Niantic has spent the past week apologizing for the disaster that was the Pokemon Go Fest in Chicago, but for some attendees, an apology isn’t enough. Polygon reports that “nearly two dozen” of the players who attended the event are filing a class-action suit against Niantic, seeking travel reimbursement. Shortly after the event began last Saturday, players started running into connectivity issues, keeping them from logging into the game to participate in the festivities.
Tesla will deliver the first Model 3s to eager buyers tonight, but you don’t have to wait until supper time on the West Coast to find out new details. While updating the Tesla website in advance of tonight’s event, some poor developer leaked the Model 3’s power efficiency, which hints at a truly impressive range for the baby Tesla.
The market for home internet in the US is already absurdly non-competitive. Barely 80 percent of Americans have a choice of providers for high-speed internet at home, a figure that means that you’re likely living in a regional internet monopoly. But hey, maybe you should count yourself lucky. An industry analyst, Jason Bazinet from Citigroup, has penned an opinion saying that Comcast should pull a blockbuster deal and buy Verizon for around $215 billion.
Muck Rack makes it simple to find people, tweets, or articles that mention any name, keyword, company, hashtag etc. We've compiled this guide to help you make the most of your search.
Selecting a term
Start searching tweets, articles from media outlets, articles mentioned in tweets, journalists'
names, titles and bios with some suggested searches:
Companies or Topics (e.g. iPhone, Microsoft)
Phrases (e.g. "cloud computing") — use quotes to keep the terms together
Twitter handles (e.g. @username) — returns those who have mentioned or replied to
Names (e.g. "David Pogue")
Hashtags (e.g. #sxsw, #london2012)
Bio details (e.g. vegan, Olympics, father)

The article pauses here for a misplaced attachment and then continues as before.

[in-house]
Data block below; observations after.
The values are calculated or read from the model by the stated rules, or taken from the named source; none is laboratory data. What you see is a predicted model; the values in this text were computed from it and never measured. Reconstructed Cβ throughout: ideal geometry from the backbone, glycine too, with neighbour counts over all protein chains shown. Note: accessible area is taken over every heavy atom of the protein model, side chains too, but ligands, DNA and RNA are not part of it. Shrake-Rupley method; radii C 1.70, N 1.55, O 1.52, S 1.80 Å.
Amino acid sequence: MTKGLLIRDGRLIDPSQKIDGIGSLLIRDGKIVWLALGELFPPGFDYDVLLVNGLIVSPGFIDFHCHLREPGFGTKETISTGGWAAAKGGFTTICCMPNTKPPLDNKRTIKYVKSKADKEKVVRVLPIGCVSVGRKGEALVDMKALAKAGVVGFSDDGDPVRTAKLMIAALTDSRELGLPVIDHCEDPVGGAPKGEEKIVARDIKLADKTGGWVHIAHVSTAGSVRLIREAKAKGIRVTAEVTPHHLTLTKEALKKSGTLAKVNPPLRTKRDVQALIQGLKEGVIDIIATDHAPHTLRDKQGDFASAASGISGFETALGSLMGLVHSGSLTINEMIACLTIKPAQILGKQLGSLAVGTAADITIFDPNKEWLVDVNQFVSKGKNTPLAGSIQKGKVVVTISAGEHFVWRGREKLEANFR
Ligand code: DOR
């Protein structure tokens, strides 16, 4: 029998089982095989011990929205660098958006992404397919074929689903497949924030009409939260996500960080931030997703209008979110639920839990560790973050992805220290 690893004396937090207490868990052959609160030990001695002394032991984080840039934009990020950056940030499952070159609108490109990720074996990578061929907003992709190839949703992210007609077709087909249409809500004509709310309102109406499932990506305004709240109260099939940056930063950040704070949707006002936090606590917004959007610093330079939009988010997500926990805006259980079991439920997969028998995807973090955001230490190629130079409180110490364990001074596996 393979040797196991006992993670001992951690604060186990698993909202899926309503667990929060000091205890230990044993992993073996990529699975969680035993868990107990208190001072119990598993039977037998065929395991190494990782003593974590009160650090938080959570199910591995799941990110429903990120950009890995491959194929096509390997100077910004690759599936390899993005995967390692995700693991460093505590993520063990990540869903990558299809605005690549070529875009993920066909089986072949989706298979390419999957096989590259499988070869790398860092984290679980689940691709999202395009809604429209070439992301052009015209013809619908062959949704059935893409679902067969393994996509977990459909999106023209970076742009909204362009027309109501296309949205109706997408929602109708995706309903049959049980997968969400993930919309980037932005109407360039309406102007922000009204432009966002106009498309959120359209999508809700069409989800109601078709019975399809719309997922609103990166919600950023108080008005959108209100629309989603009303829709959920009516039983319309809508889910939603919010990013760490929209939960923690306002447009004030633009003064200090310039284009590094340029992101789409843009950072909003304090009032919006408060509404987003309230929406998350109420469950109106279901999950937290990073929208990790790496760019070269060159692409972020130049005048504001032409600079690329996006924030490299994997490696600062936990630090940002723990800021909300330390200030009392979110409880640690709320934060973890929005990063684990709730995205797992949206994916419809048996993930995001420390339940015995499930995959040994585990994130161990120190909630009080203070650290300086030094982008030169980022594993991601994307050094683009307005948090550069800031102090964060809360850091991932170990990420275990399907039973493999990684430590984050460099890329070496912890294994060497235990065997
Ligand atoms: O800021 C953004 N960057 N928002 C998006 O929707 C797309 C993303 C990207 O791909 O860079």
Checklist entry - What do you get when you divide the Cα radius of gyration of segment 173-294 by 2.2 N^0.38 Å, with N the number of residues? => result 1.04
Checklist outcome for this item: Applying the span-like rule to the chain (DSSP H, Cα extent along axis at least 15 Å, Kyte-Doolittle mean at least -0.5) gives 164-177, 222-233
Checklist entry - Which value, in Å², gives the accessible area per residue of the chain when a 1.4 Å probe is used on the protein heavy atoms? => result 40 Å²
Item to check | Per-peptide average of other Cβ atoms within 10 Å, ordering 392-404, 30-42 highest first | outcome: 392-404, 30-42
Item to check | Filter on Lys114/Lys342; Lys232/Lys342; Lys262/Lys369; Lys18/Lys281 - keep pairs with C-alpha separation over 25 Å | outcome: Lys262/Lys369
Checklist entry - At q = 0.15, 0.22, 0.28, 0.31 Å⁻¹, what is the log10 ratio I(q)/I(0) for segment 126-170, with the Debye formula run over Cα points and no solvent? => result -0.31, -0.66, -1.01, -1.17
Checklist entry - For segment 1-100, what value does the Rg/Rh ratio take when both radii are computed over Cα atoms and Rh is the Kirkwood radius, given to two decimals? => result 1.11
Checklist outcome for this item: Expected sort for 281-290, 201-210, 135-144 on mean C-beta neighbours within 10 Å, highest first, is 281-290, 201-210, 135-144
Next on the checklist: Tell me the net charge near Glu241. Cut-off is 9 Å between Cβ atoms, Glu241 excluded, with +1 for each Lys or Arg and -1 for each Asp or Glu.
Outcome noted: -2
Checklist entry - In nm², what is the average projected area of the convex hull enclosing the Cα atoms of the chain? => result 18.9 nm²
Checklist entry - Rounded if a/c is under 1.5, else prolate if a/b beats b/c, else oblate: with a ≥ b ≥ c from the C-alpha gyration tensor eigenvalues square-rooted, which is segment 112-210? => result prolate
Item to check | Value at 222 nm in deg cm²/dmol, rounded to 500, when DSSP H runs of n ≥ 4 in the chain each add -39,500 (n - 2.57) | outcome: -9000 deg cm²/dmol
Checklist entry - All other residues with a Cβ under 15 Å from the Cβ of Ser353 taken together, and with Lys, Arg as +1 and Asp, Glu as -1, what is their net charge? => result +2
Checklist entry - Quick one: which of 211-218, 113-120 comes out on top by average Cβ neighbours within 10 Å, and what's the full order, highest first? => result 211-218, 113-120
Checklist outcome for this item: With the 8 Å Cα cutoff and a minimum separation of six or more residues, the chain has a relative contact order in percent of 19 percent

Muck Rack's Advanced Search allows for many boolean operators.
Find results that mention multiple specified terms, use AND or
+. For example, ensure each result contains both Elon Musk and Mark Zuckerberg by
searching Obama AND Romney or Obama + Romney.
Use the operators OR or , to broaden your search when you'd like either of
multiple terms to appear in results. (This is the default behavior of our search when no operators
are used.) For example, search for democrat OR republican to find results that refer to
Democrats and/or Republicans.
Use NOT or - to subtract results from your search. For
example, searching Disney will yield results about the Walt Disney Company as well as Walt Disney
World Resort. To exclude mentions of Disney World, search for Disney -World or Disney
When using one of these operators with a phrase, enclose it in quotation marks. For example, you can
find results about smartphones excluding Apple's iPhone 4S by searching smartphone -"iPhone
Exact case matching or punctuation
If you're searching for a brand name or keyword that relies on specific punctuation marks or capitalization, you can
find results that match your exact query by adding matchcase: before the keyword you're searching for, like matchcase:E*TRADE .
Use parentheses to separate multiple
boolean phrases. For example, to find journalists talking about having fun in Disney World or
Disneyland, search for ("disney world" OR disneyland) AND fun.
An asterisk can be used to search for any variation of a root word truncated by the asterisk. For example, searching for admin* will return results for administrator, administration, administer, administered, etc.
A near operator is an AND operator where you can control the distance between the words. You can vary the distance the near operation uses by adding a forward slash and number (between 0-99) such as strawberries NEAR/10 "whipped cream", which means the strawberries must exist within 10 words of "whipped cream".